£18k

£18k

£22k

£22k

£25k

£25k

Note: this data only looks at employees (and not those who are self-employed or also studying) and covers a broad sample of graduates and the various paths they've taken, which might not always be a direct result of their degree.

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This is what the university has told Ucas about the criteria they expect applicants to satisfy; some may be compulsory, others may be preferable.

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This is the percentage of applicants to this course who received an offer last year, through Ucas.

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This is what the university has told Ucas about the course. Use it to get a quick idea about what makes it unique compared to similar courses, elsewhere.

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Course location and department:

This is what the university has told Ucas about the course. Use it to get a quick idea about what makes it unique compared to similar courses, elsewhere.

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Teaching Excellence Framework (TEF):

We've received this information from the Department for Education, via Ucas. This is how the university as a whole has been rated for its quality of teaching: gold silver or bronze. Note, not all universities have taken part in the TEF.

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This information comes from the National Student Survey, an annual student survey of final-year students. You can use this to see how satisfied students studying this subject area at this university, are (not the individual course).

We calculate a mean rating of all responses to indicate whether this is high, medium or low compared to the same subject area at other universities.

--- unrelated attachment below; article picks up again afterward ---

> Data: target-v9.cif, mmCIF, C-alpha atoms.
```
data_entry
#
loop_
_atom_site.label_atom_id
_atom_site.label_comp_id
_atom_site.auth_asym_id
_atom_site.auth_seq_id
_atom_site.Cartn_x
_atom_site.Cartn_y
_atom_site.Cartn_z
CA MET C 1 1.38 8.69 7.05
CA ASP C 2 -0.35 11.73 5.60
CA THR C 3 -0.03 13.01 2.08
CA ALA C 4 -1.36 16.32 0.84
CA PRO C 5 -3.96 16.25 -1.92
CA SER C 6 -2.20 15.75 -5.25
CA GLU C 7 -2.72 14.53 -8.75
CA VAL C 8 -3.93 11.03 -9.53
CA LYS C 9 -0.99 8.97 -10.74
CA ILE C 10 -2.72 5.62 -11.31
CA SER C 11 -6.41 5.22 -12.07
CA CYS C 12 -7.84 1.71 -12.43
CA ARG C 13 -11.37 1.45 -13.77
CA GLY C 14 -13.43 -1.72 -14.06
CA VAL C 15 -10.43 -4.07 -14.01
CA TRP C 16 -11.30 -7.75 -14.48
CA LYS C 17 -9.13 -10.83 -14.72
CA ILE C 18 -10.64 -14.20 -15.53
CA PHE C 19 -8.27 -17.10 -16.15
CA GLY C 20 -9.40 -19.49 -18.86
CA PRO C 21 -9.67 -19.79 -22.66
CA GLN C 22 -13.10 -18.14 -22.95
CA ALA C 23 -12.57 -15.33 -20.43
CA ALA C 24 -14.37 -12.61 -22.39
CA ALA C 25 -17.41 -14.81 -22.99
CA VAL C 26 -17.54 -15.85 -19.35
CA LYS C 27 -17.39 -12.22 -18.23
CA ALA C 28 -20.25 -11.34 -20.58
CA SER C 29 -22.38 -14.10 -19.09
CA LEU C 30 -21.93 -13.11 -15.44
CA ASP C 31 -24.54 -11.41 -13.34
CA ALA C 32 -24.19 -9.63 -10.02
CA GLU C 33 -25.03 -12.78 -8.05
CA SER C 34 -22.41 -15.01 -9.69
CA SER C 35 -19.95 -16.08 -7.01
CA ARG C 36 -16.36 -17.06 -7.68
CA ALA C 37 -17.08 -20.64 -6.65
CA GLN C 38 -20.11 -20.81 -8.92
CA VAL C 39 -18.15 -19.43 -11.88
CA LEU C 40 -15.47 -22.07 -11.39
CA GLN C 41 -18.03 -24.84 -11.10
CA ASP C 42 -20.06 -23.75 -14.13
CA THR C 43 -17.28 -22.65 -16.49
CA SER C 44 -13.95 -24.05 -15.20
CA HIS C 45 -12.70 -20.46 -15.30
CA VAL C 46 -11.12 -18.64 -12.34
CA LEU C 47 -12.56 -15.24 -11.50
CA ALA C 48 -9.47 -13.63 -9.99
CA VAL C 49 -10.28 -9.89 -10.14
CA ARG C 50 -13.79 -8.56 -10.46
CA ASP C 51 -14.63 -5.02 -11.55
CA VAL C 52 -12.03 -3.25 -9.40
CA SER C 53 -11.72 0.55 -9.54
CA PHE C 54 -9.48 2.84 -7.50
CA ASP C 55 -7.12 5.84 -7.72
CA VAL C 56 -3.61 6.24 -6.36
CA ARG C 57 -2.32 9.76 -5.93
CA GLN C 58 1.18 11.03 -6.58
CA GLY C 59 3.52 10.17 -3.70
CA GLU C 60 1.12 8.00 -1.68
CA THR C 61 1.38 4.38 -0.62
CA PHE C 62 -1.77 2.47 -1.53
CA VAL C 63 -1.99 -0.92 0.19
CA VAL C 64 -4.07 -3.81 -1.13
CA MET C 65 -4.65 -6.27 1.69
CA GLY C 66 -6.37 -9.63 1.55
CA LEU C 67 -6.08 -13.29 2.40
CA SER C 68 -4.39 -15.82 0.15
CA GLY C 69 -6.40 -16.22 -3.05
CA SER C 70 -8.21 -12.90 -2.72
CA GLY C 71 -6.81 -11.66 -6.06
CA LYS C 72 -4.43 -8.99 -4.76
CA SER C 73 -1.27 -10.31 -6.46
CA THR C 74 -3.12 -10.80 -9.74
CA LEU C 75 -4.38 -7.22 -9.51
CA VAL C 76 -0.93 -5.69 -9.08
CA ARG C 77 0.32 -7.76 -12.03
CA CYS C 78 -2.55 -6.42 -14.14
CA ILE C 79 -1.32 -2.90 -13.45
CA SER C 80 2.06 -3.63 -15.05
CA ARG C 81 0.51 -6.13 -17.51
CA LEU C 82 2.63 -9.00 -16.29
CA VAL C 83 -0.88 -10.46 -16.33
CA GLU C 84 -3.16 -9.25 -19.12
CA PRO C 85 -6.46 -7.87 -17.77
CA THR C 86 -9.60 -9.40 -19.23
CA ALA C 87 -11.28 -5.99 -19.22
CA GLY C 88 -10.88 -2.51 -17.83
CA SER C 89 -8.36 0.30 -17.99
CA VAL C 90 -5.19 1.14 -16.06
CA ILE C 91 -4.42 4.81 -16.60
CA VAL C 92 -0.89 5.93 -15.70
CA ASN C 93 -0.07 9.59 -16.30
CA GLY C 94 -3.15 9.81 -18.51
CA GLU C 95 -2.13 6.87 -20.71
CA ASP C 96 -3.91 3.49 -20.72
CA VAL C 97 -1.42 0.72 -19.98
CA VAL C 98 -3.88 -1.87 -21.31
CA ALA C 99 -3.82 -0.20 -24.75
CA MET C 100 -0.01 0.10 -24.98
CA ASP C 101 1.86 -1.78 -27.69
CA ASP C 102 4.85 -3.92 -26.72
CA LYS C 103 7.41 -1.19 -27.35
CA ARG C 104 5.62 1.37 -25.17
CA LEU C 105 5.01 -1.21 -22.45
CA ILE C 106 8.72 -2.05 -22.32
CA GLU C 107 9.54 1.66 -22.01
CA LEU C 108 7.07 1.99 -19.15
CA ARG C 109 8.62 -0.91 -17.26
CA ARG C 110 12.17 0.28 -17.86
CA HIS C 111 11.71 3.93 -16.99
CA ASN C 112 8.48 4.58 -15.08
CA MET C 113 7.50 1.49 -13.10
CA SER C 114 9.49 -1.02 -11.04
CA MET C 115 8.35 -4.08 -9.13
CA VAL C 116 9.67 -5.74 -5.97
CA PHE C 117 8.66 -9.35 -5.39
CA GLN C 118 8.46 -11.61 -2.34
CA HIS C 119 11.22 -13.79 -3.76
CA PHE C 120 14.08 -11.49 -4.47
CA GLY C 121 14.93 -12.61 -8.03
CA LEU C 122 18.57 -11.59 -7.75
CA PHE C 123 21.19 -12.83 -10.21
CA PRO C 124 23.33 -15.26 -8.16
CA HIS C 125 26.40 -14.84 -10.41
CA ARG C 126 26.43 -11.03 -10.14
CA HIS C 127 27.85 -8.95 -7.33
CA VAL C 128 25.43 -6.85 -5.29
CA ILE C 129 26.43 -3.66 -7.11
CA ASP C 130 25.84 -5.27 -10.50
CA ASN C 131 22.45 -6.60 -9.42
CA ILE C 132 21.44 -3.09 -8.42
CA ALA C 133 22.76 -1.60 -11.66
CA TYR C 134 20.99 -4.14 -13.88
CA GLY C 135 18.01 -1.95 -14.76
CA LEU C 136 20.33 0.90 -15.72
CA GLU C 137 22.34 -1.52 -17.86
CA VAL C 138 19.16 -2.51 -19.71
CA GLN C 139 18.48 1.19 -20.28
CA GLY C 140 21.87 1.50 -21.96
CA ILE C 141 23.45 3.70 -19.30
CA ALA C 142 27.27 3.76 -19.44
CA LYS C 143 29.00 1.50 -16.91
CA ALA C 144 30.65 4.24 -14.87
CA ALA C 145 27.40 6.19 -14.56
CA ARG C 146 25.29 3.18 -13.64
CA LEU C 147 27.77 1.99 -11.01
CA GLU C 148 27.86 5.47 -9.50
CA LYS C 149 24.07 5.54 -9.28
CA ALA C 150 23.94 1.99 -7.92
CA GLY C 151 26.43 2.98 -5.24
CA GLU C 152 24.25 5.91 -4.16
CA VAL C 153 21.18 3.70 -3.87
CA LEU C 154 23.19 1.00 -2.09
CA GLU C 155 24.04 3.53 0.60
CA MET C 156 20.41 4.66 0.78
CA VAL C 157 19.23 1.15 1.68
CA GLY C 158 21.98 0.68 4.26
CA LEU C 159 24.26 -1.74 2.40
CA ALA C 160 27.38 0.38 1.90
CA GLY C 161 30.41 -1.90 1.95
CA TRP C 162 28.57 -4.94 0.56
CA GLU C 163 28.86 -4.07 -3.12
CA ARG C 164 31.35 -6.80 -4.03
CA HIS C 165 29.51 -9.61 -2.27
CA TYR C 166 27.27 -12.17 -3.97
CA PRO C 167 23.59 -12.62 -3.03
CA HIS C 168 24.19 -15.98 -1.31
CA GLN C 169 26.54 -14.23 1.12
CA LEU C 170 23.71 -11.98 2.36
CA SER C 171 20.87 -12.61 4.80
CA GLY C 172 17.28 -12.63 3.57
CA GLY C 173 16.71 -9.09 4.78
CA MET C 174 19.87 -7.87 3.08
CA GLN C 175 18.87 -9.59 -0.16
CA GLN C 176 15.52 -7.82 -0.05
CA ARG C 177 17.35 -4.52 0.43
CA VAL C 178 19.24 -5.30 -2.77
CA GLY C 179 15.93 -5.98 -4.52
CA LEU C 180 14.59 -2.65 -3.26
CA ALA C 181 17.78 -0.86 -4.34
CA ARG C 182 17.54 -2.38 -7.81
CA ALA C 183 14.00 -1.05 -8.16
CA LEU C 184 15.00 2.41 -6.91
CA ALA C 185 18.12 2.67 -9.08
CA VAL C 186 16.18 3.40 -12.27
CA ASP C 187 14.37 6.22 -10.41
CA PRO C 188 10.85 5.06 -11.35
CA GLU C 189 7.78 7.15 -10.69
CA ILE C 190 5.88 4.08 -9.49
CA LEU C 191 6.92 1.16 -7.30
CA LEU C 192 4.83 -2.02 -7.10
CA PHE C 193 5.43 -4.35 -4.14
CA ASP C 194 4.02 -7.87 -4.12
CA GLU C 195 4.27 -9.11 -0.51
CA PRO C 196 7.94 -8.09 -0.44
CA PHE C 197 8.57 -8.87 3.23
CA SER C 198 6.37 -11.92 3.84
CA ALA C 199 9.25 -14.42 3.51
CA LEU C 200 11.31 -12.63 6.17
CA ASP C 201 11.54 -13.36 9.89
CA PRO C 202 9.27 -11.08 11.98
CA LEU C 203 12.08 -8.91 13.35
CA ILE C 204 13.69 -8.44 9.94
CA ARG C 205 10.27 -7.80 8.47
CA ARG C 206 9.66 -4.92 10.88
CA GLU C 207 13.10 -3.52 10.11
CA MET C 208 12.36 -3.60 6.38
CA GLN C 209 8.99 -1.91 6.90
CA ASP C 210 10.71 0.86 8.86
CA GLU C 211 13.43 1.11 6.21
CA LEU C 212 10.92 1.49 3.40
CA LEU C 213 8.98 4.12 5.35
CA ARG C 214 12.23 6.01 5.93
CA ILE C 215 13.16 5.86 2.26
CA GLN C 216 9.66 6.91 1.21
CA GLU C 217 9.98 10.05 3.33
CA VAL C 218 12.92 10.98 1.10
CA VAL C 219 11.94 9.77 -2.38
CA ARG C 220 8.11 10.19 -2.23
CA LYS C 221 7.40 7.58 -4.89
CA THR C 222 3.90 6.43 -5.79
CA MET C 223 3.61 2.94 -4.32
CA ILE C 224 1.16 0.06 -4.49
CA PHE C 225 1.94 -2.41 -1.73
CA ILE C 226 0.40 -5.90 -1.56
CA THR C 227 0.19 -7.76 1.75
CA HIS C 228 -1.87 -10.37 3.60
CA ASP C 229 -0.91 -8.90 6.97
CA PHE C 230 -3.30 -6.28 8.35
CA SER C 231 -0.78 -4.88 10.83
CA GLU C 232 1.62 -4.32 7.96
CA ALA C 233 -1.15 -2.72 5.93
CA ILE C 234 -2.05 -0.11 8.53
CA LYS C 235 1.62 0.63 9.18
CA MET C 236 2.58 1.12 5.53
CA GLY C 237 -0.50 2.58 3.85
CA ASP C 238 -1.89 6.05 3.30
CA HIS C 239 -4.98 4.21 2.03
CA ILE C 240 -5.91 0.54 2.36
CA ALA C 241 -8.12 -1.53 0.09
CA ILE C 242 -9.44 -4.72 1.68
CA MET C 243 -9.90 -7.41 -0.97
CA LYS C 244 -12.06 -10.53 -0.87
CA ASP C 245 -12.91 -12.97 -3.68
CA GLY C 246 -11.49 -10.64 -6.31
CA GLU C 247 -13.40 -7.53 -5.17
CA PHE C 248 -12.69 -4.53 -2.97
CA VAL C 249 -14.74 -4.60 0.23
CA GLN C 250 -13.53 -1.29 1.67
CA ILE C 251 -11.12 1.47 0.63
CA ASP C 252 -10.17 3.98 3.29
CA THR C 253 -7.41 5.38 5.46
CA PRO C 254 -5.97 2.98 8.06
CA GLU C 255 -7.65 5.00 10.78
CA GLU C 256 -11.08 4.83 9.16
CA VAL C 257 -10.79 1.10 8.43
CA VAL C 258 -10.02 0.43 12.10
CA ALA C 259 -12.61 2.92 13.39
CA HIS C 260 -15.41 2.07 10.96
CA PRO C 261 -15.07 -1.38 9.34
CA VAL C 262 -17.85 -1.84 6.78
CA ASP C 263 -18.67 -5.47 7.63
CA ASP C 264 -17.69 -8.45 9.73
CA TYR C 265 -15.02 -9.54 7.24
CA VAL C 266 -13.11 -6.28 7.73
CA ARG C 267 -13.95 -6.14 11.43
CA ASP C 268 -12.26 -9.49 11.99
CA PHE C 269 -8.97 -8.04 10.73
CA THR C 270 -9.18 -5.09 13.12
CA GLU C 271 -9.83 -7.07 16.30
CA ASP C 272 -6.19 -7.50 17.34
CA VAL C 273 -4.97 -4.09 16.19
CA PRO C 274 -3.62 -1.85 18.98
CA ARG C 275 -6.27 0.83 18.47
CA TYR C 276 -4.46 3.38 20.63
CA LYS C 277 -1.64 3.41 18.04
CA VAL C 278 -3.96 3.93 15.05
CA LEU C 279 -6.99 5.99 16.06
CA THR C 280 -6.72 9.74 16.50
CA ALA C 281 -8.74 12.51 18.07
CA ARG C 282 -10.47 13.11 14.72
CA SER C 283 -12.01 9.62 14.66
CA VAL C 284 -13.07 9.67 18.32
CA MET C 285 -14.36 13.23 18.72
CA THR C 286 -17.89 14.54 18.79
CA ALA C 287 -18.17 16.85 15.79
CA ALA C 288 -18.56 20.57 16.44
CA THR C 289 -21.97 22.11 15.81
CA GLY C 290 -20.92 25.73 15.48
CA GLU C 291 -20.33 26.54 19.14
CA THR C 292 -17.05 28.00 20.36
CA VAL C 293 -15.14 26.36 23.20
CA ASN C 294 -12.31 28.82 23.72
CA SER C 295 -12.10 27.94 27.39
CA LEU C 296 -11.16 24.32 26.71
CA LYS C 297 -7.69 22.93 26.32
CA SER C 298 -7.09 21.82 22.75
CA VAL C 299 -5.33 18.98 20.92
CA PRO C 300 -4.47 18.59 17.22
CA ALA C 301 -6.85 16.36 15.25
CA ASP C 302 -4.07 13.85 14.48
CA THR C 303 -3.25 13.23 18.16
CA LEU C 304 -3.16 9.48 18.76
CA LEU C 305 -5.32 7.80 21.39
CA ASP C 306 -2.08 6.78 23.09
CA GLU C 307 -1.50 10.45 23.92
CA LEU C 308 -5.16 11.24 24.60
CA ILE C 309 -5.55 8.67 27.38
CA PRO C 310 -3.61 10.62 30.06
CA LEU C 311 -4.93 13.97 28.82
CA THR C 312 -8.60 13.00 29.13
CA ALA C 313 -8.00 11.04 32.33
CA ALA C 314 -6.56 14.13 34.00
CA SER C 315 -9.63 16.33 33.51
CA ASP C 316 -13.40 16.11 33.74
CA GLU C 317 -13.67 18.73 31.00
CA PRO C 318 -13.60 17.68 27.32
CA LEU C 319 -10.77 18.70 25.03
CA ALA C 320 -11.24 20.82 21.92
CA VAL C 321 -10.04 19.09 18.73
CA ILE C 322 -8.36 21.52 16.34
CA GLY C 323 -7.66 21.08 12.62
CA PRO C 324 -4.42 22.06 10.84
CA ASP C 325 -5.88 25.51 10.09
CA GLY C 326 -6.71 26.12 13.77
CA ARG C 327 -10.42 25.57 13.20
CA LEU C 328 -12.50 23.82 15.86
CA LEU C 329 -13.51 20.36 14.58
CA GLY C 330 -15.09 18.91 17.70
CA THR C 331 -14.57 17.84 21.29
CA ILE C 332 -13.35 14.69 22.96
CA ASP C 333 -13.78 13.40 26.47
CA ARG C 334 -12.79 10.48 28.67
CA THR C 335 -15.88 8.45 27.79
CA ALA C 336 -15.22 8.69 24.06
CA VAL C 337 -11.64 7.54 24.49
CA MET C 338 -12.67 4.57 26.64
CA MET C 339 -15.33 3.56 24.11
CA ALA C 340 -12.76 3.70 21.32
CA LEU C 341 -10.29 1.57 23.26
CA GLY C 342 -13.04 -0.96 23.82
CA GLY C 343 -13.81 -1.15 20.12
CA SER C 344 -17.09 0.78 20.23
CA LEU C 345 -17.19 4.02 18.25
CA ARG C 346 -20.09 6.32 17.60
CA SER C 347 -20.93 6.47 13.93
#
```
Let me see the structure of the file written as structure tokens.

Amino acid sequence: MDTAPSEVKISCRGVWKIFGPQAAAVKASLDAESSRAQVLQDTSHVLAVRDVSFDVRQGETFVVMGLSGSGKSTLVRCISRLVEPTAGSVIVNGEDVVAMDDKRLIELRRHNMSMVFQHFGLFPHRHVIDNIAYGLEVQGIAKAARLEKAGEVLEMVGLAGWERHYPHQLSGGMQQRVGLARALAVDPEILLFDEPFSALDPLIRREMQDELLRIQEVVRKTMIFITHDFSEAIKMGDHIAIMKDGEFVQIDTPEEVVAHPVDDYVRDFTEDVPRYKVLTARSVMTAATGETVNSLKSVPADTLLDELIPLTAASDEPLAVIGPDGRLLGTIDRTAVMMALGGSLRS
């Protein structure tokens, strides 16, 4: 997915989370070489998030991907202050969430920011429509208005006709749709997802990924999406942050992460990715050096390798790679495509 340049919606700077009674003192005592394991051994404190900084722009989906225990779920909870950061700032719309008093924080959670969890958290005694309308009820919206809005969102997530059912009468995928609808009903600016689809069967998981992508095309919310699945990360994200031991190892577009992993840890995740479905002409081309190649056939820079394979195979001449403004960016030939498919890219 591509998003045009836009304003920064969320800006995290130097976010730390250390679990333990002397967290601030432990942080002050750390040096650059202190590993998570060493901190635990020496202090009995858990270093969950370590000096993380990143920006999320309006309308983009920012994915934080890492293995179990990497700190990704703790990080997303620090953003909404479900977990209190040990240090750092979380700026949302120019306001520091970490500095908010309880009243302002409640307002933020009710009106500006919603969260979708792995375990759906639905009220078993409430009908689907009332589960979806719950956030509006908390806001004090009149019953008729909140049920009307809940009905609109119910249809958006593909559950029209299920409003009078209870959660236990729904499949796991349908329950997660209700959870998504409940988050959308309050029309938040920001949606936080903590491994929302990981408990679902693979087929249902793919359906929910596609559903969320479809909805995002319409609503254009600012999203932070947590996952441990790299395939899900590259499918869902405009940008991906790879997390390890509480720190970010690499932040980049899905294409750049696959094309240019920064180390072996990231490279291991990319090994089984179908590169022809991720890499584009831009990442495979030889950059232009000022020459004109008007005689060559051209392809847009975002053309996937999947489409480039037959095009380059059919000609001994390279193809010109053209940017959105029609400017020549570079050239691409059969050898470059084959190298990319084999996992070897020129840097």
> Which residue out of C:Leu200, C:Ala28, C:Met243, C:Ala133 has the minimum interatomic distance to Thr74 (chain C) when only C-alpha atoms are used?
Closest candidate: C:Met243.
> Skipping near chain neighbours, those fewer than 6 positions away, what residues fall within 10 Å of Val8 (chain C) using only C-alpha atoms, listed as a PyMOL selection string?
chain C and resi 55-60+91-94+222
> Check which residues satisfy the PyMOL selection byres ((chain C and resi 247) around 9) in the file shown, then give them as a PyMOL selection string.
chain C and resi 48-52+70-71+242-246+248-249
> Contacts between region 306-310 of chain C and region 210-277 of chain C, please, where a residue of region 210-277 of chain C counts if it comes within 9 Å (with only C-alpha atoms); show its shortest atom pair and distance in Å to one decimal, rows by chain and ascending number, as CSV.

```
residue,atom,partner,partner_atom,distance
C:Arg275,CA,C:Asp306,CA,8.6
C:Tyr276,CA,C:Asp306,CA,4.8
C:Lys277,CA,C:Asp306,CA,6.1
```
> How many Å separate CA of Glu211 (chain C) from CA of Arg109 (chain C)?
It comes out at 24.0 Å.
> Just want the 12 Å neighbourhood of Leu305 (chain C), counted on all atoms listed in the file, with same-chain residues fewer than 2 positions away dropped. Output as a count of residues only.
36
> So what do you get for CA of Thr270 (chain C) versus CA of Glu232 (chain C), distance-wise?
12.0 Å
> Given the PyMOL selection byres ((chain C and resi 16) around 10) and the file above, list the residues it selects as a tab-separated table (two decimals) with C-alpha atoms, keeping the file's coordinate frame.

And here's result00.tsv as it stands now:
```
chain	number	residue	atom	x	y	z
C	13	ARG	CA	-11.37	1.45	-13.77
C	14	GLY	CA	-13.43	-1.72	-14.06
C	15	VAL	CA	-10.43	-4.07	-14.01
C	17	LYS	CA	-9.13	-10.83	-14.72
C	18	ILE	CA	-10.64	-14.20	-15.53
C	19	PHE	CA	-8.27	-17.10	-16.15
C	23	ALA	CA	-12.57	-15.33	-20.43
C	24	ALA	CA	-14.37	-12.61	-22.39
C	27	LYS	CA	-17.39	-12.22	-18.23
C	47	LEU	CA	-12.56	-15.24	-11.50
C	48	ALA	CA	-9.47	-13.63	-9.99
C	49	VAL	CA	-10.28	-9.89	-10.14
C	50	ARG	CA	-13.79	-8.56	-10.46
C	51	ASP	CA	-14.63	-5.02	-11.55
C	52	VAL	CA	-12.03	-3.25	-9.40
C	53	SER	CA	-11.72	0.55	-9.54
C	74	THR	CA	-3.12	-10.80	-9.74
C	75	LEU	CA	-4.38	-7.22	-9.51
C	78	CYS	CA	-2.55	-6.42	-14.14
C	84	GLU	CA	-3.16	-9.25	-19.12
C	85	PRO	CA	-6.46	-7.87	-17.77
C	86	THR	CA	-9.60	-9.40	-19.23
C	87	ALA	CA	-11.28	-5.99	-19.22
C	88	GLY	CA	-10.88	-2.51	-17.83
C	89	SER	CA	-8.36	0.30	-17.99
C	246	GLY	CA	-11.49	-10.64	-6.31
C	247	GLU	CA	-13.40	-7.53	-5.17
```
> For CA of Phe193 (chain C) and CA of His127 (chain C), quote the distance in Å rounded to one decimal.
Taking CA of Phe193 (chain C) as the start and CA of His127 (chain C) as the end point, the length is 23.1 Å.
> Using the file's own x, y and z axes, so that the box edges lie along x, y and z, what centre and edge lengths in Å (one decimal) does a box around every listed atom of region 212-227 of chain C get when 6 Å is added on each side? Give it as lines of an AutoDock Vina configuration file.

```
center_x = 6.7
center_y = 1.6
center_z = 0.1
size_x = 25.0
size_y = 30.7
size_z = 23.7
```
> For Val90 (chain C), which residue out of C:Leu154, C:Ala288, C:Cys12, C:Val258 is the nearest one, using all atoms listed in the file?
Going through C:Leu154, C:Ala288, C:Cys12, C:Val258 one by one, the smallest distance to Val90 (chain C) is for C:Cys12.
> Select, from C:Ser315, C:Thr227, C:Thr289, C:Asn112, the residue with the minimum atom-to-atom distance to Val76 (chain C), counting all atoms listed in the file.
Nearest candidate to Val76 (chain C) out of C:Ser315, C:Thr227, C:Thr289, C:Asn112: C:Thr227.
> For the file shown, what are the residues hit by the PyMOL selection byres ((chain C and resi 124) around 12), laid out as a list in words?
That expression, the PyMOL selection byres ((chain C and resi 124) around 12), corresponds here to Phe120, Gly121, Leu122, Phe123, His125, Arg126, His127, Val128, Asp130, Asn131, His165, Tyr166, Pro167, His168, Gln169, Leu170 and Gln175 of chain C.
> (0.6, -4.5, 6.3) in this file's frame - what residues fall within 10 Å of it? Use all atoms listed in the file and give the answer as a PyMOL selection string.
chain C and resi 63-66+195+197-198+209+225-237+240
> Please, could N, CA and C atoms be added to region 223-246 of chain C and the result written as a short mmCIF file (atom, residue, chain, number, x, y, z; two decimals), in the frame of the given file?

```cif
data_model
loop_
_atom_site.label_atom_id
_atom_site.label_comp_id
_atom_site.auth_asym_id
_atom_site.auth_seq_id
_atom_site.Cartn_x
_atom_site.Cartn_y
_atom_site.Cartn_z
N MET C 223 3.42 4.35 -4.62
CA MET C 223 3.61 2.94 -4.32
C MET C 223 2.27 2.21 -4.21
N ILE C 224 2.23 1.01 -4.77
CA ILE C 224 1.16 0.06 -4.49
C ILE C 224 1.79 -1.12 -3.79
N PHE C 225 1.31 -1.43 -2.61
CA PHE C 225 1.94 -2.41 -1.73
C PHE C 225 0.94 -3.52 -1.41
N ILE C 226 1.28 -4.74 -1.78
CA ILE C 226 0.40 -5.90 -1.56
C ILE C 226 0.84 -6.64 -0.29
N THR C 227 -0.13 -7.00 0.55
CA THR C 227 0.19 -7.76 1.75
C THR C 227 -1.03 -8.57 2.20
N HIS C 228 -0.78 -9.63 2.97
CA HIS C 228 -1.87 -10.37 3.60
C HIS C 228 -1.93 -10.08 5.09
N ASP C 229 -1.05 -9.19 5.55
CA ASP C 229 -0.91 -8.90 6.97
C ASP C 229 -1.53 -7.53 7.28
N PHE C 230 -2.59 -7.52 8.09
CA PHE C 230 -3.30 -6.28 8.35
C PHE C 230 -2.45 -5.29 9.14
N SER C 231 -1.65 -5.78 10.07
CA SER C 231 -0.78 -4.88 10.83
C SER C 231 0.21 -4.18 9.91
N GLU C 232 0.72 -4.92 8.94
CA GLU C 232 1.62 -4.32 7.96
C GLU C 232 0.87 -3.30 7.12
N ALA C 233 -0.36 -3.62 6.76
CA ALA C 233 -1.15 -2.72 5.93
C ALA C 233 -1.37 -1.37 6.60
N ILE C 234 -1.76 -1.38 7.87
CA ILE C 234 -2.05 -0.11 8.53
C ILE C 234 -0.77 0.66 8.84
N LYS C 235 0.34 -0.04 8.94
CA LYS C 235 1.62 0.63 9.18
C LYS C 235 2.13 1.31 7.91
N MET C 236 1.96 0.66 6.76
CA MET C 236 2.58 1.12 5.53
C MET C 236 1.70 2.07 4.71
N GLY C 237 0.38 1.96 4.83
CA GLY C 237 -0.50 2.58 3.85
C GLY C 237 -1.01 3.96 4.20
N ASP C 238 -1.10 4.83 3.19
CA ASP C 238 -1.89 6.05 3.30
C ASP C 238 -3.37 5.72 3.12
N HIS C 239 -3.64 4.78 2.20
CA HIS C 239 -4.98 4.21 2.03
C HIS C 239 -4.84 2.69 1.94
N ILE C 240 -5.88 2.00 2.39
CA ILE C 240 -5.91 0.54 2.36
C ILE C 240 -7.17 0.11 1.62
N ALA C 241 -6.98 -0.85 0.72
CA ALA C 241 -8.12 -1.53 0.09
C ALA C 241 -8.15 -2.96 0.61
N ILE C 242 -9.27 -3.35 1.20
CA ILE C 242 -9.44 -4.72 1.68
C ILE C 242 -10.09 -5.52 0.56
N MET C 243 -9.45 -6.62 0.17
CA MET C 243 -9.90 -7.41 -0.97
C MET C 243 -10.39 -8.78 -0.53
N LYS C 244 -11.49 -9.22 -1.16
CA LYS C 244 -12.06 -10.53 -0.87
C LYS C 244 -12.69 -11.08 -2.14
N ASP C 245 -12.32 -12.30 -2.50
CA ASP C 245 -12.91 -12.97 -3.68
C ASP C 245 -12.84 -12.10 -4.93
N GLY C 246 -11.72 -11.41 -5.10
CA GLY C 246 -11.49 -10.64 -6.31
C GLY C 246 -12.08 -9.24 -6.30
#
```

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This information is from the Higher Education Statistics Agency (HESA).

You can use this to get an idea of who you might share a lecture with and how they progressed in this subject, here. It's also worth comparing typical A-level subjects and grades students achieved with the current course entry requirements; similarities or differences here could indicate how flexible (or not) a university might be.

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Post-six month graduation stats:

This is from the Destinations of Leavers from Higher Education Survey, based on responses from graduates who studied the same subject area here.

It offers a snapshot of what grads went on to do six months later, what they were earning on average, and whether they felt their degree helped them obtain a 'graduate role'. We calculate a mean rating to indicate if this is high, medium or low compared to other universities.

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Graduate field commentary:

The Higher Education Careers Services Unit have provided some further context for all graduates in this subject area, including details that numbers alone might not show

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The Longitudinal Educational Outcomes dataset combines HRMC earnings data with student records from the Higher Education Statistics Agency.

While there are lots of factors at play when it comes to your future earnings, use this as a rough timeline of what graduates in this subject area were earning on average one, three and five years later. Can you see a steady increase in salary, or did grads need some experience under their belt before seeing a nice bump up in their pay packet?

Have a question about this info? Learn more here